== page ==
CHAPTER 5
Cartilage and Bone
95
Figure 5-13A.
A representation of the development of a long bone.
Most
long bones
are formed by endochondral ossiF cation, a process of bone formation involving hyaline cartilage serving as a cartilage
model, cartilage proliferation and calciF cation, and gradual replacement by bone. Long bone formation includes the following steps: (1)
Cartilage model
: A small piece of hyaline cartilage is formed by mesenchymal tissue, and the outer part of this tissue condenses to form
a
perichondrium
. (2)
Developing cartilage model
: Cartilage assumes the shape for the future bone. (3)
Formation of bone collar
: As the
cartilage proliferates, the perichondrium in the middle shaft region transforms into
periosteum
. Osteoprogenitor cells in the periosteum
differentiate into osteoblasts, which start to form the
bone collar
(periosteal bone) by intramembranous ossiF cation. (4)
Formation of
primary ossi± cation centers
: The cartilage plate (epiphyseal plate) continues to proliferate and then calcify (see ±ig. 5-12A,B). The bone
collar (contains bone matrix, osteoblasts, and osteoclasts) triggers blood vessels to invade and create a primary marrow cavity. (5)
For-
mation of bony trabeculae
: Osteoprogenitor cells in the periosteum migrate with blood vessels into the region of the calciF ed cartilage.
These cells become osteoblasts and begin to deposit
osteoid
(prebone) on the surface of the calciF ed cartilage matrix. At the same time,
osteoclasts remove dead chondrocytes and extra calciF ed cartilage matrix, thereby producing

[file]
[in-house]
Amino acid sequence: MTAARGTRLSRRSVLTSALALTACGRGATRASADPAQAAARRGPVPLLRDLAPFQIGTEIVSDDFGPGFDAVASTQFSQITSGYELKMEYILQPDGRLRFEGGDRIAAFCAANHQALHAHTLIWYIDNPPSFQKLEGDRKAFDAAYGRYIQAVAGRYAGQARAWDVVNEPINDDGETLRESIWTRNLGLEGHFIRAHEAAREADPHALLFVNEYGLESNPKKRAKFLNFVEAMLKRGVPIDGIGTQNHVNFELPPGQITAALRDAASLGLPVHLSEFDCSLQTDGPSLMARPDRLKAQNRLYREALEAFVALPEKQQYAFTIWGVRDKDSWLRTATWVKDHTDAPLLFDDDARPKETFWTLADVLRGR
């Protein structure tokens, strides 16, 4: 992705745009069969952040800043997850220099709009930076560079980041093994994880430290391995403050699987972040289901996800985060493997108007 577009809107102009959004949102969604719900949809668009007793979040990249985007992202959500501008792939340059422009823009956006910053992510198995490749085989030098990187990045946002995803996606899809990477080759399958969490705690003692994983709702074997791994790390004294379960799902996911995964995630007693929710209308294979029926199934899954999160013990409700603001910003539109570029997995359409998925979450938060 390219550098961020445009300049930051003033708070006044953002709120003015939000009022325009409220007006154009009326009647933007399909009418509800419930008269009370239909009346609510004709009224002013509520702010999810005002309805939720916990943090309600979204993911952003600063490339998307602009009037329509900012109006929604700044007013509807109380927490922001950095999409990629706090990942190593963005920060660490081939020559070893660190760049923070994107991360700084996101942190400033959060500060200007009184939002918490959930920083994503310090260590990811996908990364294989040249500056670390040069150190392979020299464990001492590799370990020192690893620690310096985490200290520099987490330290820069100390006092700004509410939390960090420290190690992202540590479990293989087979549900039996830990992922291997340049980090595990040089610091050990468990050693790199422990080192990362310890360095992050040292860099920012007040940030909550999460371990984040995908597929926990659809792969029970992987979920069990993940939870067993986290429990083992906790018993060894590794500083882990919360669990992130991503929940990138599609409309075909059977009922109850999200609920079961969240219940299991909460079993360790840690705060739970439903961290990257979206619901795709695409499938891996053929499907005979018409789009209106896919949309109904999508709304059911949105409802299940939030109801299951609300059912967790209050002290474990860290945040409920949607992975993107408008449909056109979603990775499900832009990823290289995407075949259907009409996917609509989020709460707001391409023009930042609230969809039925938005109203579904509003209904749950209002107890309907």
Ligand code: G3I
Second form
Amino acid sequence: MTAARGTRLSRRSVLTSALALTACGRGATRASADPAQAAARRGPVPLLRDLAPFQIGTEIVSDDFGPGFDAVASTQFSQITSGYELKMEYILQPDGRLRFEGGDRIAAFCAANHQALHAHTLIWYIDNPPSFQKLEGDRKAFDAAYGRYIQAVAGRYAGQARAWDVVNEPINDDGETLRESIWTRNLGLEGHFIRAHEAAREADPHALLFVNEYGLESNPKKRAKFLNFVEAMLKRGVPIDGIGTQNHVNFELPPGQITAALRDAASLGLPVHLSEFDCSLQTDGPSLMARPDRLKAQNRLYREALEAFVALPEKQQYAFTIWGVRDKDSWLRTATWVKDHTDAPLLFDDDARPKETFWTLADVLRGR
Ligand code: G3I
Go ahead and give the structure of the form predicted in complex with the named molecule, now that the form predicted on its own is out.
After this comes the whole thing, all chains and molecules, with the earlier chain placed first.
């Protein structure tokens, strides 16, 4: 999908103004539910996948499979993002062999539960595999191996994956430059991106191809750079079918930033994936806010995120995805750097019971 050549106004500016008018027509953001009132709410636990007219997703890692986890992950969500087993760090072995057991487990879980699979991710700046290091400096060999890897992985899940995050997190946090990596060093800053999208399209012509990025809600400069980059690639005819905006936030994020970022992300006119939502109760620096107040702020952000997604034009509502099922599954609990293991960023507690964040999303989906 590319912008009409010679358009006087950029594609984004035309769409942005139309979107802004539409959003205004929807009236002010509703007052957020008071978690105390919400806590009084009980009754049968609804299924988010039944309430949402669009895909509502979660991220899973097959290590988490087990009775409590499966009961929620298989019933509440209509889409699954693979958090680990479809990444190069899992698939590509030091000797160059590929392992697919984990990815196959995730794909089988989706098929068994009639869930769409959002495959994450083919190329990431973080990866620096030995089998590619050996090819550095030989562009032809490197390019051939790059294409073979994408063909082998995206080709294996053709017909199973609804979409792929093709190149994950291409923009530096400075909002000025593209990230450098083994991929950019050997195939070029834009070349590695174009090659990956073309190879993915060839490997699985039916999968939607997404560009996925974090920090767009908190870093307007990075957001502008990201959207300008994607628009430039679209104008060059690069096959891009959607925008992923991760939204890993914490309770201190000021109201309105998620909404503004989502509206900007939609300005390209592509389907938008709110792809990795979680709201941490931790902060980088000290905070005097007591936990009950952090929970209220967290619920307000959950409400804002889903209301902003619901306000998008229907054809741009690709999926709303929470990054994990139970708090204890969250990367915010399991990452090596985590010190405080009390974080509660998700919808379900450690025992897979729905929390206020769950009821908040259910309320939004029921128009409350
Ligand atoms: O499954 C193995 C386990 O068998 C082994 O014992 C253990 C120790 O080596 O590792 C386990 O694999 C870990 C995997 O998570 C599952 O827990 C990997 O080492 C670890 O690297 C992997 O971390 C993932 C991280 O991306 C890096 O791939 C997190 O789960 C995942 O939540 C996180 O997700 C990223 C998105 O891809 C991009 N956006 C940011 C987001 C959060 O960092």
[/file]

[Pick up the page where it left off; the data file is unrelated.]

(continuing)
bony trabeculae
. (6)
Formation of second-
ary ossi± cation centers
: A similar bone ossiF cation takes place at the distal ends of long bones (
epiphyses
) called
secondary ossi± cation
centers
. (7)
Continuation of primary and secondary ossi± cation
: Repetition of the endochondral ossiF cation process results in more
bone being produced and more cartilage being absorbed in both primary and secondary ossiF cation centers. ±inally, the cartilage in the
epiphyseal plates disappears, and the primary ossiF cation center meets the secondary ossiF cation center at about age 20 in humans.
D. Cui
D. Cui
Blood vessel
Bony
trabeculae
Secondary
ossification
center
Perichondrium
Perichondrium
Perichondrium
Periosteum
Periosteum
Periosteum
Bone
collar
Diaphysis
Epiphysis
Primary
ossification
center
1. Cartilage model
2. Developing
cartilage model
3. Formation
of bone collar
4. Formation of
primary ossification
center
7. Continuous primary and
secondary ossification
6. Formation of the
secondary ossification center
5. Formation of
bony trabeculae
A
CLINICAL CORRELATION
Figure 5-13B.
Osteosarcoma.
Osteosarcoma
, also known as
osteogenic sarcoma
, is the most
common primary malignant neoplasm of bone and occurs most
commonly in the second decade of life. Conventional osteosarcoma
tends to affect the long bones, including the distal femur, proxi-
mal tibia, and proximal humerus, and is most often a disease of
the
metaphysis
(±ig. 5-8). Clinically, patients may experience pain,
decreased range of motion, edema, and localized warmth. Histolog-
ically, the
tumor cells
tend to be
pleomorphic
with a variety of sizes
and shapes. Central to the diagnosis of osteosarcoma is the presence
of
osteoid
(
prebone
) produced by the malignant cells (tumor cells).
Osteoid is a dense, pink, amorphous material. Conventional osteo-
sarcoma is an aggressive tumor and preferentially metastasizes to
the lungs. Treatment involves surgery and chemotherapy.
B
Osteoid
Tumor cells
previous page 110 Dongmei Cui -  Atlas of Histology with Functional and Clinical Correlations 2011 read online next page 112 Dongmei Cui -  Atlas of Histology with Functional and Clinical Correlations 2011 read online Home Toggle text on/off